AWKWARD CAN BE CUTE IN A KLUTZY WAY, RIGHT? – Marilyn Armstrong

Awkward?
Photo: Garry Armstrong

Me walking anywhere. More like limping. Me, trying to clamber into the bathtub and hoping, praying, I’m not going to fall down in the process.  Awkward is anytime I have to go upstairs. Worse, slowly and awkwardly going down. I rarely fear falling upward, but I’m always sure I’m going to fall down.

My days of grace have wandered far into the distance. Not that I was ever really graceful, even way back in the days of youth. I always felt like my feet were about to get tangled together and down I’d go. About the most graceful I ever felt was on horseback!

Now, I’m glad if I can get anywhere and not fall on my face doing it! Some of us are just born that way.

53 thoughts on “AWKWARD CAN BE CUTE IN A KLUTZY WAY, RIGHT? – Marilyn Armstrong”

  1. I know how it is. Each morning I shower and each morning I am glad to get out of the bath in one piece. Suddenly when walking your foot catches in a carpet, or even meets a chair leg. Is this it? The big fall? awkward is an understatement, it should be catastrophic.

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    1. The last time I did The Big Fall, I was trying to get up and dance but instead, my foot caught the rug and down I went. I wasn’t hurt, but when you are our age, they make such a big deal out of falling, it’s so humiliating. On a bad day, I sit on the edge of the tub and wash with a cloth and just rinse all the soap off afterwards. There are days when my fear of falling is too much to deal with.

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      1. pitiful, innit. We have stairs with 9″ risers; the john, the bed, and the computers are upstairs, the kitchen, the food, the fires and the doors are down stairs. In addition the stairs, being old, have a decided backward tilt when you’re going up, and I fully expect to fall backwards, downwards, and end up a broken mass on the floor. Every step is an adventure.

        I understand all to well that terror of falling, and even worse, not even falling gracefully. =)

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        1. I really know EXACTLY what you mean. I have fallen on the stairs, too, so I know how it feels and every time I have to go down them, I have to do deep breathing and beat back the fear. We are at the point where it’s not an unrealistic fear. I actually got notes from our medical insurance company on how to avoid falling. Today. AFTER I wrote this.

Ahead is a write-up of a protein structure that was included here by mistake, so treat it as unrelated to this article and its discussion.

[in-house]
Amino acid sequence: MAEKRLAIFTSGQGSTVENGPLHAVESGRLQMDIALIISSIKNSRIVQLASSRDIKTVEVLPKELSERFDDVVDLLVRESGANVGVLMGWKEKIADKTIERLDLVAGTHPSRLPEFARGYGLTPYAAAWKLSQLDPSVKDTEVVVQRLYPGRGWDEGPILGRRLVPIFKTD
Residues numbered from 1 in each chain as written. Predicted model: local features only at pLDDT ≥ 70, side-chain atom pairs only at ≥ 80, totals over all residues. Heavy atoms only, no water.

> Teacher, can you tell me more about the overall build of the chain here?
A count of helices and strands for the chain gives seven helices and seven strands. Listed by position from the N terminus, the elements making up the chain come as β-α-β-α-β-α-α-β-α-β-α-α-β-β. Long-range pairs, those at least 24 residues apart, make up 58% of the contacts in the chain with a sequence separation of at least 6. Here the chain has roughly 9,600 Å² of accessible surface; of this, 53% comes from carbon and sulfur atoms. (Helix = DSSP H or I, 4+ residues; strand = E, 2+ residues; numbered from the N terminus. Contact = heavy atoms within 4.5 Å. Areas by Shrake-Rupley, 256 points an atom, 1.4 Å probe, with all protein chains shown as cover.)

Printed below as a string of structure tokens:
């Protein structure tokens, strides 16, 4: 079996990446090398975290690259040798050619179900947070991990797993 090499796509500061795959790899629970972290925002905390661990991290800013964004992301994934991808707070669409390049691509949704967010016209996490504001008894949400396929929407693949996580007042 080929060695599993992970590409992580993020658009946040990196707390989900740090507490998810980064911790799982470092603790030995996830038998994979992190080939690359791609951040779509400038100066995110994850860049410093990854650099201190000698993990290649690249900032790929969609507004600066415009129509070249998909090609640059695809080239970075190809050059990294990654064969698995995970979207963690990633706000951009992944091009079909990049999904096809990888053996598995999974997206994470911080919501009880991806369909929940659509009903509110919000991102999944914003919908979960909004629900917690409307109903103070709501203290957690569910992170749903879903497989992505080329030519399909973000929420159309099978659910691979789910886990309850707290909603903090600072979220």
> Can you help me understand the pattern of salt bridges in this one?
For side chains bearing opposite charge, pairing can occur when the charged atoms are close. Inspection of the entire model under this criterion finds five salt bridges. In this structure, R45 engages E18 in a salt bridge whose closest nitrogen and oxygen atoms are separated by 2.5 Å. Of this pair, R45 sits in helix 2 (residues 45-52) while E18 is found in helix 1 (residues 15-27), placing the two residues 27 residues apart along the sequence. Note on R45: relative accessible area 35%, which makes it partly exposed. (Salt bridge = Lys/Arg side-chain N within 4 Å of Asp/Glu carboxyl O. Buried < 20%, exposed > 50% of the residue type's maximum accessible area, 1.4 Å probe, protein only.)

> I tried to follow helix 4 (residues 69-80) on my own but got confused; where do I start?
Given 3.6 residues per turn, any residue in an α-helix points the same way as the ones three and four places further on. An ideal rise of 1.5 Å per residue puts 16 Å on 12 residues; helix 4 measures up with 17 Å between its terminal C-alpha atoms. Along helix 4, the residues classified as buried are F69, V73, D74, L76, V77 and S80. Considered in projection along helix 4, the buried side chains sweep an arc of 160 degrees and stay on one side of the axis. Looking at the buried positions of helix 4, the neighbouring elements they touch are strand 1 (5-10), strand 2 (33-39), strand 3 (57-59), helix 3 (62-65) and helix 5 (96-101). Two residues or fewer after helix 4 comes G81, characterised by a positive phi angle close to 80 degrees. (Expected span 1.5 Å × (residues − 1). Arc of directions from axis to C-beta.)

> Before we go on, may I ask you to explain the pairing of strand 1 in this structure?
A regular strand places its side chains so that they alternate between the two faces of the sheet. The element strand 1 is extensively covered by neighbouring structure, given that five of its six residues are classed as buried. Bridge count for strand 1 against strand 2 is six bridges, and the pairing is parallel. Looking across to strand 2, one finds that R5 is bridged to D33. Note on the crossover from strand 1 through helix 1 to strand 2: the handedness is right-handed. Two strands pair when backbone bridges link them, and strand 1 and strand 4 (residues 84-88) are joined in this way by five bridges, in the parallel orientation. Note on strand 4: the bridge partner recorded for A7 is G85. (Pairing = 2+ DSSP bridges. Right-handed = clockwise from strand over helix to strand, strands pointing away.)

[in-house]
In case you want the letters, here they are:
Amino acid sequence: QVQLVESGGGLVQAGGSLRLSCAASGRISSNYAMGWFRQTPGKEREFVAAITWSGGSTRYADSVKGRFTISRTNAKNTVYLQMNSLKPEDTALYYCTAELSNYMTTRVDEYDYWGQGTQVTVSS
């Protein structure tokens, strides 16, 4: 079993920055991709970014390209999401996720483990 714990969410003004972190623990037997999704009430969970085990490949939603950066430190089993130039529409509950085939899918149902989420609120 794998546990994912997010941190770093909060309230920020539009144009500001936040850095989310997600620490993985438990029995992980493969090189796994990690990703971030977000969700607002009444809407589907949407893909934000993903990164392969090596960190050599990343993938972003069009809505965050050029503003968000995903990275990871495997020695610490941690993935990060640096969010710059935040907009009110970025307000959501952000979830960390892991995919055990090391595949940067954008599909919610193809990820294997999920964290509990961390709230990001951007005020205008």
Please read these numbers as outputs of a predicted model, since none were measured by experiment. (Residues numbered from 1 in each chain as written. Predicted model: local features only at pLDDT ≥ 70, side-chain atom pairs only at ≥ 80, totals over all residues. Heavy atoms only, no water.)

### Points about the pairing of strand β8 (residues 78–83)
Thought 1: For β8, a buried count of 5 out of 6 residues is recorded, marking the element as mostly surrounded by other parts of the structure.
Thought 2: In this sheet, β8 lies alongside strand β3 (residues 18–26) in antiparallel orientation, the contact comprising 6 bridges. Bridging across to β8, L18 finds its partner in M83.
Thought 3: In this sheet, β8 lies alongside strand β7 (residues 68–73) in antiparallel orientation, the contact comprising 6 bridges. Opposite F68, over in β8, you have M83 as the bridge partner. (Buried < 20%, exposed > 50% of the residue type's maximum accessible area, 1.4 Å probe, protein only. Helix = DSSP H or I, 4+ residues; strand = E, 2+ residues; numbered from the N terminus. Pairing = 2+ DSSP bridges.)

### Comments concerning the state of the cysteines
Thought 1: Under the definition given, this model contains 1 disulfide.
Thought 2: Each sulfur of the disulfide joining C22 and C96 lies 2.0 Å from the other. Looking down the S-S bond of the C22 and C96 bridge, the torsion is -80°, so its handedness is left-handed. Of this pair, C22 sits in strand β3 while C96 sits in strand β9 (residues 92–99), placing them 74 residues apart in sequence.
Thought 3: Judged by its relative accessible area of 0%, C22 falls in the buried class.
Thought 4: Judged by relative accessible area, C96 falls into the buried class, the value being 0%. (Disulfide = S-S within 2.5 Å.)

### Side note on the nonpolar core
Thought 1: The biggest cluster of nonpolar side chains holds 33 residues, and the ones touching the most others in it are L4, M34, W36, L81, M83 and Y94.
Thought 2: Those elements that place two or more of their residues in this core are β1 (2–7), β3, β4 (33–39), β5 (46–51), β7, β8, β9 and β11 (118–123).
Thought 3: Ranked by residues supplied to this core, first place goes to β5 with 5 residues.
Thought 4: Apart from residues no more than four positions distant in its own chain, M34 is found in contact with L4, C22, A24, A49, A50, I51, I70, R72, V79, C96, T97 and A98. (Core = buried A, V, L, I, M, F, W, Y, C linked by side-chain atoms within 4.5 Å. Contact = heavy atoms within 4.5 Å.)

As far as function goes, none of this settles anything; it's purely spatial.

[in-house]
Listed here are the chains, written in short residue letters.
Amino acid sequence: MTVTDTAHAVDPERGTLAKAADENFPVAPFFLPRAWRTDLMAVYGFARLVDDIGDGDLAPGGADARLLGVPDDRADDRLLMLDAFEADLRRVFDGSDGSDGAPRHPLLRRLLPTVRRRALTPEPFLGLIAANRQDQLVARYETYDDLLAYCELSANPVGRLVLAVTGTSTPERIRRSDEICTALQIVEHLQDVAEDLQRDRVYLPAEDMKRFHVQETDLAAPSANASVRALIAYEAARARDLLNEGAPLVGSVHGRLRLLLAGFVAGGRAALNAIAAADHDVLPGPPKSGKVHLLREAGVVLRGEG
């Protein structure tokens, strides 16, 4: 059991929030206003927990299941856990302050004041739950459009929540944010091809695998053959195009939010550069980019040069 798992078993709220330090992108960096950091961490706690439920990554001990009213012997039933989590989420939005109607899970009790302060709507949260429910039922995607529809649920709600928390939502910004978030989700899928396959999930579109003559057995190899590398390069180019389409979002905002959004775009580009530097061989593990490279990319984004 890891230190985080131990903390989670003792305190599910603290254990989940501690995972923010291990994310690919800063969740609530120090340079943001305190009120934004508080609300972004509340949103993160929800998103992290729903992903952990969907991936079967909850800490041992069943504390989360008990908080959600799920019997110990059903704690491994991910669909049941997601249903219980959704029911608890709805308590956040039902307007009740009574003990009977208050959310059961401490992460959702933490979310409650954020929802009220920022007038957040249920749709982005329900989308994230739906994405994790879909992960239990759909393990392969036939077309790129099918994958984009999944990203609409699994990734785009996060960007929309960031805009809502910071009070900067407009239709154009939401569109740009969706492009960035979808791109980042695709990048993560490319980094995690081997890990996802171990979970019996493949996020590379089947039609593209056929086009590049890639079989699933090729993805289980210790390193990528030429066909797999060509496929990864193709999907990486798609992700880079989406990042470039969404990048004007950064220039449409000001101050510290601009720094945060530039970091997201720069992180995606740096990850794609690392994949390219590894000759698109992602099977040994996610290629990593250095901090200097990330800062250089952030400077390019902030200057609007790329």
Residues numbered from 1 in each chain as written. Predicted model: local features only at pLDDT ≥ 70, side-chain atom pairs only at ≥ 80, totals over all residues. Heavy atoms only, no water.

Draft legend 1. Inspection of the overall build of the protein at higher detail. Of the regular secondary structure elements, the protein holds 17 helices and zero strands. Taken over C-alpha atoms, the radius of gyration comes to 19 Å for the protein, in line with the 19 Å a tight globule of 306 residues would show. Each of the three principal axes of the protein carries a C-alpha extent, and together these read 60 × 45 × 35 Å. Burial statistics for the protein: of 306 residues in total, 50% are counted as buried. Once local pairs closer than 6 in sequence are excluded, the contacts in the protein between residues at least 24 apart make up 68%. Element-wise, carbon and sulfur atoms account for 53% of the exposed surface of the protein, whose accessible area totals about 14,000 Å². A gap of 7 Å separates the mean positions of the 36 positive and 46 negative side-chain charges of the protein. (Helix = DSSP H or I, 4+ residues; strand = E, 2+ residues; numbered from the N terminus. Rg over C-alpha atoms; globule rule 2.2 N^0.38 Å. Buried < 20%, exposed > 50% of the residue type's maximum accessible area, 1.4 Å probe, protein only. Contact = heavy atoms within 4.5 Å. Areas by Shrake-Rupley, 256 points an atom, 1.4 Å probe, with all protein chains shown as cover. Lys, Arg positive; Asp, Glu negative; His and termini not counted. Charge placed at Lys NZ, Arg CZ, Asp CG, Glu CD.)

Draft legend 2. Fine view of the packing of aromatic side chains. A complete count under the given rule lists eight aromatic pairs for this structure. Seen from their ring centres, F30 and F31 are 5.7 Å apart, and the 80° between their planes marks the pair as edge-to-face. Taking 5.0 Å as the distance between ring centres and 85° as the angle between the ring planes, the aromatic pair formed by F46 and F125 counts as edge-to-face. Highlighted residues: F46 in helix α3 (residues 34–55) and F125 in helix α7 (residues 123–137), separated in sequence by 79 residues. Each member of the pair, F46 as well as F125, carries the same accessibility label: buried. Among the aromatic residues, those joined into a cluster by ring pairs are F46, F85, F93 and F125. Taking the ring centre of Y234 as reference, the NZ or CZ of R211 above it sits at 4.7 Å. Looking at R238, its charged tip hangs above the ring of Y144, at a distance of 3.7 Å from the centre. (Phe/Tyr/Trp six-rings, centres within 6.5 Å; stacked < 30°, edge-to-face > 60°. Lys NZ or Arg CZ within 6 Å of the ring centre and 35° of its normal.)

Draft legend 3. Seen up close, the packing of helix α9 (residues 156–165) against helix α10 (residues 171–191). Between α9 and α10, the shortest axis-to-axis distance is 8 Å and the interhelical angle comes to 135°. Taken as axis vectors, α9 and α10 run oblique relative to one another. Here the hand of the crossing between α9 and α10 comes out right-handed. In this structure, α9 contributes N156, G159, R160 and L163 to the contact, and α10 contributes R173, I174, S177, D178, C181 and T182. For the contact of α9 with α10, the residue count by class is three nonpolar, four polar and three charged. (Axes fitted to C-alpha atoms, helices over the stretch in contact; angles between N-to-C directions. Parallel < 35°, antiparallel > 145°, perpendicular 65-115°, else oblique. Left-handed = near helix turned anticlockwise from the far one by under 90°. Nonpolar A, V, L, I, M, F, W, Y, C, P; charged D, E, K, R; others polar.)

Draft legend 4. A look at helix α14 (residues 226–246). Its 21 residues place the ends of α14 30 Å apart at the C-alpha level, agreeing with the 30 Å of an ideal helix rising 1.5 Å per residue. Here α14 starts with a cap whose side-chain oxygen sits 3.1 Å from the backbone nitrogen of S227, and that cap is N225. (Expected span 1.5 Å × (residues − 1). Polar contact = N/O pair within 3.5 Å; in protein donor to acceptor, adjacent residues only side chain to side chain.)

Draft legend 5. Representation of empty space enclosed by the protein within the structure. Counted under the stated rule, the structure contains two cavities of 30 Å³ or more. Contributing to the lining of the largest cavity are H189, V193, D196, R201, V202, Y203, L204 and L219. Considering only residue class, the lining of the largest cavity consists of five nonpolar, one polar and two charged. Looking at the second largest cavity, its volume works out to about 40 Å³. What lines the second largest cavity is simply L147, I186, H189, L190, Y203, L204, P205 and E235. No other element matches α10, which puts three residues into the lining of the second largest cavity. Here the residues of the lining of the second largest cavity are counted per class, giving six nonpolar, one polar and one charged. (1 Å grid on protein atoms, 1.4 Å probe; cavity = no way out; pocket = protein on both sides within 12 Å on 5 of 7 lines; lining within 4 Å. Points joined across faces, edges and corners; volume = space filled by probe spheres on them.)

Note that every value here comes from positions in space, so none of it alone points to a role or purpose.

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    1. I fill my arms with stuff then realize I can’t get up without a push, so I put everything back down, THEN when standing pick it up. I am rarely in a hurry — unless I’m on the way to the bathroom. Then I try to hustle. But there’s always something in the way. Frequently, a dog.

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        1. US, too, and we’re surrounded by the furry kids who want immediate attention.
          Regards Marilyn’s “Awkward” post, the dogs are always tailing us closely, making walking precarious.

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      1. You wrote: “About the most graceful I ever felt was on horseback!” And that’s cheating ’cause you were using someone.., or something, else’s feet.

        I have been thinking about this problem and how misinformed most doctors are by labeling your problem as “a loss of sense balance.” When last I interrupted my doctor to point out that there was no loss of the sense of balance but the power to do anything about it. By that, I mean muscle power. We know we’re falling, or stumbling, but our muscles have become too weak to compensate as we did when younger. So, I said, “it’s really a loss of strength, right?” He just looked at me and said, “I never thought of it that way.” Now I ask you, what are these guys thinking about. You and I know we are not as strong as we used to be, and we tend to forget about the zillions of times we almost took a fall but miraculously caught ourselves before it happened.., that is until we also realize that, now, we need help to rise from a chair or get off the floor. Boy, many is the time I made light of the phrase “I’ve fallen and I can’t get up” I understand completely now.., and it’s not funny.

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        1. The docs are learning more about this. Its been known for some time (read–I was still in practice) that strength work, weight lifting, etc is huge in maintaining quality of life with age. Its now also been found that in addition to the strength work, training balance, and recovery of balance adds a great deal. We are a funny looking group in my yoga/pilates class at the Y. We always work some balance, with support as needed, and now the instructor adds the challenge of closing our eyes–improves things further, and trains your neurons. Practice standing on one leg while brushing your teeth.

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          1. My spine is so wrapped in arthritis, merely standing up straight is an issue. What is amazing is that I am still walking. I am sure that if I stop, I’ll never start again. I will try the one leg at the sink thing since I can grab the sink if I wobble too much. My husband has different problem because he is deaf, so he has lack of balance because his gyroscope isn’t working well. He is up for a coclear implant and hopefully, that will make a big — hopefully HUGE — difference.

            Arthritis is so common, it’s almost inevitable as you get older, but mine started very early and is really bad and is probably at the root of many other issues.. Common or not, it makes everything difficult.